One 40-year-old woman, who did not want to be named, is now appealing a bill of £170,000 after HMRC found that her father, who died this year, had an undisclosed Swiss bank account in her name containing £100,000.
She has been told to pay £45,000 in unpaid tax, a £90,000 penalty and historic interest due to late payment totalling £35,000.
Dawn Register, head of tax dispute resolution at accountancy advice firm BDO, says many people were ‘totally oblivious’ that their overseas bank data was being shared.
She says: ‘For some people it is an alarming letter to receive, but it is particularly alarming if it comes out of the blue. The criticism of HMRC is that they do not do more analysis before they send out the letters.’
Tax accountants say those with rental properties abroad or investments in foreign accounts are often unaware they need to declare income to the UK government
New laws introduced in 2018 mean the taxman can charge a 200 per cent penalty on tax owed on overseas income and gains.
So if you owed £10,000 in tax, you’d be fined £20,000 on top. Ms Register says: ‘That adds to the alarm and panic that these letters can cause. It is a really nasty sting in the tail.
A lot of these arrears go back many years so bills can be significant.’ Laws introduced in 2019 also mean HMRC can claw back 12 years of unpaid tax. Previously it could ask for a maximum of four or six years.
If fraud is involved, the taxman can demand tax going back 20 years. Ms Register adds: ‘The changes in law show HMRC really want to punish people who do not come forward and pay UK tax on offshore income and gains.’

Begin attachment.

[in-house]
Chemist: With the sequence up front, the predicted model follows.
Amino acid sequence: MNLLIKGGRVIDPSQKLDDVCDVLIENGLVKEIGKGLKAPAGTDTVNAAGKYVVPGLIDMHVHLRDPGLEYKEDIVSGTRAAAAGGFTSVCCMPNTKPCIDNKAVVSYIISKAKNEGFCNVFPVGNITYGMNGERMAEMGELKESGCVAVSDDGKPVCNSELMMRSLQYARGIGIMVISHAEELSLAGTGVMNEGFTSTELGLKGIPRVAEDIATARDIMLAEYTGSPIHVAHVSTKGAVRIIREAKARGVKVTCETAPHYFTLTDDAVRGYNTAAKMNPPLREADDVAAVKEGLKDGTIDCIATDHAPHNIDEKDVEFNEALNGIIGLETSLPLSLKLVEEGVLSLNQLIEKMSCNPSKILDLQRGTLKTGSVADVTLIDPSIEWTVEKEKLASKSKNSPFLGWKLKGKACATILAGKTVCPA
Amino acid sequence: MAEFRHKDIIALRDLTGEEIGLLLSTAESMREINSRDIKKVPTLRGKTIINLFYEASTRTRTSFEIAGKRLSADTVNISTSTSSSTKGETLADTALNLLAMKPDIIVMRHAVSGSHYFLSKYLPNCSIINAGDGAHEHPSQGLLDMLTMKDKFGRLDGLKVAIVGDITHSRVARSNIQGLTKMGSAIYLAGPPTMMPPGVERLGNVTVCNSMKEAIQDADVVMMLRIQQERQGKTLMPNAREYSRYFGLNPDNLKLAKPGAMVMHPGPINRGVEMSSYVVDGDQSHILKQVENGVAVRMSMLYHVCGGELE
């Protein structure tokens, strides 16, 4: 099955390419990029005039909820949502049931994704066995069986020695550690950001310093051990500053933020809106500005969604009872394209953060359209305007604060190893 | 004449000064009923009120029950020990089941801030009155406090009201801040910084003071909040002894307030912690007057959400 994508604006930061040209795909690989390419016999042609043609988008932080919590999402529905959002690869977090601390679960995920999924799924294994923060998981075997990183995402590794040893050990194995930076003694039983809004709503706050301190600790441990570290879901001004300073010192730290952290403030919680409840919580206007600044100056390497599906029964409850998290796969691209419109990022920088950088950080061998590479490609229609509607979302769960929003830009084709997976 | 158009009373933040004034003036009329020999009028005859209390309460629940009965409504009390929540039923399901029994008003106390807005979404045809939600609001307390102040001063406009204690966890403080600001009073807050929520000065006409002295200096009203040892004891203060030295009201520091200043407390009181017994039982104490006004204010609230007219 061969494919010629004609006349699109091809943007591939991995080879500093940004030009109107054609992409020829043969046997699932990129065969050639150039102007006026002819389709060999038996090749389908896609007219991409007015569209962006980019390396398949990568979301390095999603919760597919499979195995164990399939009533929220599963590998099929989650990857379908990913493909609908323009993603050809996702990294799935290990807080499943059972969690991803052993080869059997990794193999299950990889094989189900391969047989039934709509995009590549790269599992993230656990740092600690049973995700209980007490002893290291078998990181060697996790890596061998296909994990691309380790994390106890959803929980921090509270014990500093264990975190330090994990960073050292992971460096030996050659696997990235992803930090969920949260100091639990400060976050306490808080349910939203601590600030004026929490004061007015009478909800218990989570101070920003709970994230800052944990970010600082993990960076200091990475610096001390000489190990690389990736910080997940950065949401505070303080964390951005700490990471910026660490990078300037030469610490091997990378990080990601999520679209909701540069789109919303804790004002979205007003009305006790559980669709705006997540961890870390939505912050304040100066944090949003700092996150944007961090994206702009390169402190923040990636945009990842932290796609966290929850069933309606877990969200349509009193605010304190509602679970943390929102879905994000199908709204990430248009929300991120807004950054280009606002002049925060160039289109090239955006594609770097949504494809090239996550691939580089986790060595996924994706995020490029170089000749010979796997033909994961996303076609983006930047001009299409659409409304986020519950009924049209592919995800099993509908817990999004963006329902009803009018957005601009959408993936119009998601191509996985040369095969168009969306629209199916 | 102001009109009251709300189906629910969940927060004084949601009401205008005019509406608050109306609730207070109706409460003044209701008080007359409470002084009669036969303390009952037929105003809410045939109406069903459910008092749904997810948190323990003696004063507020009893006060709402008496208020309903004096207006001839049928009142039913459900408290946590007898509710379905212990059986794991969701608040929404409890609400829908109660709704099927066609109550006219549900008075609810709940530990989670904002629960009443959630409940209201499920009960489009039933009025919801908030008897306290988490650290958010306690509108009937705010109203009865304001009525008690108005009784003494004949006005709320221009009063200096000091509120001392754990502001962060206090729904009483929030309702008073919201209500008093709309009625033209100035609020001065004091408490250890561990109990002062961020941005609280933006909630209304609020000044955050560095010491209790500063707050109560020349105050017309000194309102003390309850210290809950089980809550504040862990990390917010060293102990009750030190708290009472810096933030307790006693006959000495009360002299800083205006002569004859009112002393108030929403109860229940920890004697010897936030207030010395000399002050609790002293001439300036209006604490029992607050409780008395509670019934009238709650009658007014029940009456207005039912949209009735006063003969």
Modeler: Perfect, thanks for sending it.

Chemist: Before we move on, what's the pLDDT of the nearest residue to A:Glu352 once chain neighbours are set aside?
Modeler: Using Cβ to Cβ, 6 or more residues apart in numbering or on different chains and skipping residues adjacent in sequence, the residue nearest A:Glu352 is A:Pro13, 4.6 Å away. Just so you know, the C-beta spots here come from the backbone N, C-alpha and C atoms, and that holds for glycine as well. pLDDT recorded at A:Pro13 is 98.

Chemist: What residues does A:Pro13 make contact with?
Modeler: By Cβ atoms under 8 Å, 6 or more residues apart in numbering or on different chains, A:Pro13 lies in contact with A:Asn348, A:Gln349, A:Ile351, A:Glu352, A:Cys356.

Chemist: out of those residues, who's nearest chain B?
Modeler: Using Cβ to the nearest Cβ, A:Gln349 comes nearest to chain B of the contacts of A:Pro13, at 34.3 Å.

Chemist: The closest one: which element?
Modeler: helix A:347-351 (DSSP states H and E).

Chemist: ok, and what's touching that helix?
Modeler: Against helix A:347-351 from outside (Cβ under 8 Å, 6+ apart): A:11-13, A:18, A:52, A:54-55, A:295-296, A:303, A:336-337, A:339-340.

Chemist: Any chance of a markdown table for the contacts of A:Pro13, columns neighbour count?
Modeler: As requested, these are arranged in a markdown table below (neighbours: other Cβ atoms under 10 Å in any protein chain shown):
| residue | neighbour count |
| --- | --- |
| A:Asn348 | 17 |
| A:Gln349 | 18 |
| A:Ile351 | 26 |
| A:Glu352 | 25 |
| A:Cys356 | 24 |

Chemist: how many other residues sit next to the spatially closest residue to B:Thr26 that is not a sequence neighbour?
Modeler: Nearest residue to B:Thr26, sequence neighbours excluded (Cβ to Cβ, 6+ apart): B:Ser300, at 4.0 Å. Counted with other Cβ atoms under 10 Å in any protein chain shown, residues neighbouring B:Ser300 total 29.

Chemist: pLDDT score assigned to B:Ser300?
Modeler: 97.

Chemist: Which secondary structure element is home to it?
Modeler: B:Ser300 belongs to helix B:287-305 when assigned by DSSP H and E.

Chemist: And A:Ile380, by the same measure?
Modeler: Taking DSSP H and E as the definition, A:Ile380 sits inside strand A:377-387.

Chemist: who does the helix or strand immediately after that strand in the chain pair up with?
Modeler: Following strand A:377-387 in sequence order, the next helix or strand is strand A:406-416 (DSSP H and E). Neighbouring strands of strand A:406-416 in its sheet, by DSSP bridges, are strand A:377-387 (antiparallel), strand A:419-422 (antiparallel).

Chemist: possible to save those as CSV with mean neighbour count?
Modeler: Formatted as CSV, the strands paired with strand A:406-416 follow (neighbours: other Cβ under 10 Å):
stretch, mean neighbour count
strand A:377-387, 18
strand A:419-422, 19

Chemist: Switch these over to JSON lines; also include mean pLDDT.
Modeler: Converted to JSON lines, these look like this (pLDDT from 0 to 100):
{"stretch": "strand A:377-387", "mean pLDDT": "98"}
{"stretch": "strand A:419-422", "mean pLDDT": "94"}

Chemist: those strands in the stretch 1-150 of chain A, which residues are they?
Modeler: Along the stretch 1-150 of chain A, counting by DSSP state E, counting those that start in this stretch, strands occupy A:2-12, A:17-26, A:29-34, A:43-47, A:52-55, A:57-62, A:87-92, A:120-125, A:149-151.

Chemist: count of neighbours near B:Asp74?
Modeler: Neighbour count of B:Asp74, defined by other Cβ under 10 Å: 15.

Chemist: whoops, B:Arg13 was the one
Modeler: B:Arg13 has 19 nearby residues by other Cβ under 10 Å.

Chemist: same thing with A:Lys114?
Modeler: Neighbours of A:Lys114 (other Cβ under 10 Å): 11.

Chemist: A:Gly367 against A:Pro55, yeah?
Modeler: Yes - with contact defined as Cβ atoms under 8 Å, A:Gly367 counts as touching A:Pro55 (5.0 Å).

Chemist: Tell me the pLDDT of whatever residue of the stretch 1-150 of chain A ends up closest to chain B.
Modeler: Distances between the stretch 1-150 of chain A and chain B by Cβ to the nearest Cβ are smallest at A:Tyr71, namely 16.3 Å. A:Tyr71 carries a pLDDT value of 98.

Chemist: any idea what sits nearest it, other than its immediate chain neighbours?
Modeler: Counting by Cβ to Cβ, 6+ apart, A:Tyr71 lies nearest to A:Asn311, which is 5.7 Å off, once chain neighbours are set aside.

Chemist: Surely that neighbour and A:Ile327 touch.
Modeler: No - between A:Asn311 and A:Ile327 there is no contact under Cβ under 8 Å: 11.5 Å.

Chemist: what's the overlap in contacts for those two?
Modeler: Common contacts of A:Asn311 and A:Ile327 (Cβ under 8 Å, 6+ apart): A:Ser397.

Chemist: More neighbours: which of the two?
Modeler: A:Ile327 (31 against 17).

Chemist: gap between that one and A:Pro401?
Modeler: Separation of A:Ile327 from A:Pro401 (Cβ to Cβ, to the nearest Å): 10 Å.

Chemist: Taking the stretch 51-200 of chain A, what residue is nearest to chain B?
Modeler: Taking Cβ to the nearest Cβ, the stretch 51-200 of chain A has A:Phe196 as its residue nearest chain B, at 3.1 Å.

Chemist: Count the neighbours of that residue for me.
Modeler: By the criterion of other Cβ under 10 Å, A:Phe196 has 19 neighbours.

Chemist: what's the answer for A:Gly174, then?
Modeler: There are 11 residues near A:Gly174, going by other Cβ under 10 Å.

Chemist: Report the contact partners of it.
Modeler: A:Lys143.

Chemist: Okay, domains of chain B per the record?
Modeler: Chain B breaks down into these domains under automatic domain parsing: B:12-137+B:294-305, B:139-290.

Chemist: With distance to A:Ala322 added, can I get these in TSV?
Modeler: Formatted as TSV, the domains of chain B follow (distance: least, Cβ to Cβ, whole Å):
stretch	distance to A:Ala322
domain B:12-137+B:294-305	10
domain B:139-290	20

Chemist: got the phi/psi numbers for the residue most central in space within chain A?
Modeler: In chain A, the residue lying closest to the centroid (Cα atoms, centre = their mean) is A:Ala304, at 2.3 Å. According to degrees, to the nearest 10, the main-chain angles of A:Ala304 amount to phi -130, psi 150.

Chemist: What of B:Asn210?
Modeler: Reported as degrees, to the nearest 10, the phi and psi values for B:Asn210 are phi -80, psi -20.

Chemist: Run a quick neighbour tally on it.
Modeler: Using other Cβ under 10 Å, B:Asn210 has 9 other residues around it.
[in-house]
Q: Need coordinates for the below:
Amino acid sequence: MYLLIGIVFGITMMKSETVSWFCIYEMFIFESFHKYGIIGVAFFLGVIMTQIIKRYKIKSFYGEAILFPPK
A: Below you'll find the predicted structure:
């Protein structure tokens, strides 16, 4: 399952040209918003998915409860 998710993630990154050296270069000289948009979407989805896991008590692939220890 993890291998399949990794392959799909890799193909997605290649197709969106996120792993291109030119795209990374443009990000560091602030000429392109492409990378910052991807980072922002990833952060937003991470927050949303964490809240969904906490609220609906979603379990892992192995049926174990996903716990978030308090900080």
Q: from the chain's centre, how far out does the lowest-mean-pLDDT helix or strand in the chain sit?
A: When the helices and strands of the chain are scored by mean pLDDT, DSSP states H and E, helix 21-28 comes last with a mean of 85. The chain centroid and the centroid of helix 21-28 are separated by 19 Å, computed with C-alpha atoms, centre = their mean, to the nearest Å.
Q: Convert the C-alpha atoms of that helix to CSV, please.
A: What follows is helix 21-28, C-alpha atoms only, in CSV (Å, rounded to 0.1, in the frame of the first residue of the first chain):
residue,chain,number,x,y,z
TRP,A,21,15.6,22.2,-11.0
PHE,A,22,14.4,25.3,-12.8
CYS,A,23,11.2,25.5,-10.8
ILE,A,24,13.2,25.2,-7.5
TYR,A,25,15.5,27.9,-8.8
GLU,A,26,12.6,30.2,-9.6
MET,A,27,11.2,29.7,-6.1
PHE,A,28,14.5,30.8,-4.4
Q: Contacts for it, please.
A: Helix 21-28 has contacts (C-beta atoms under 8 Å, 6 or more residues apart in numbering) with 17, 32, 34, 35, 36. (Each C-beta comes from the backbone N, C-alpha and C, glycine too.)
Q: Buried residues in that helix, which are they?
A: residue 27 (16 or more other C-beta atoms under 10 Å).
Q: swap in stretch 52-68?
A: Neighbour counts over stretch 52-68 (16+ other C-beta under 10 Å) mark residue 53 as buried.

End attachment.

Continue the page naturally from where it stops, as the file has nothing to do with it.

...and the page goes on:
In the Budget, the Government said new steps to tackle tax avoidance and evasion would raise £2.2 billion over five years.
Rachel de Souza, partner at tax firm RSM, says most of her clients who received a nudge letter did not owe any tax.
She says: ‘Broadly what we found is in most cases we know clients are fully compliant and have declared everything.
‘A simple call will sort out where HMRC thinks there is some mischief and in most cases there is no mischief and that’s the end of it.
She adds: ‘There is a perception that HMRC is going to get tougher, the reality for me is I haven’t seen them get any tougher.
‘But what we have seen is HMRC get increasingly more successful at finding people who haven’t declared the correct amount of tax. Their systems are far more sophisticated than people can potentially imagine. There is an enormous amount of data coming into HMRC.’
HMRC says it does not send out letters on speculation alone. A spokesman says: ‘We now have unprecedented amounts of information about offshore bank accounts and overseas income.
‘More than 100 countries regularly and automatically share financial information so we can check people are paying the right amount of tax.
This significant increase in global transparency is playing a major role in helping us tackle tax evasion and avoidance and we’ll continue working to bring more transparency to ensure there’s a level playing field.
‘We’d encourage anyone with offshore income to do the right thing, check their tax returns are correct and let us know if they need to correct any mistakes.’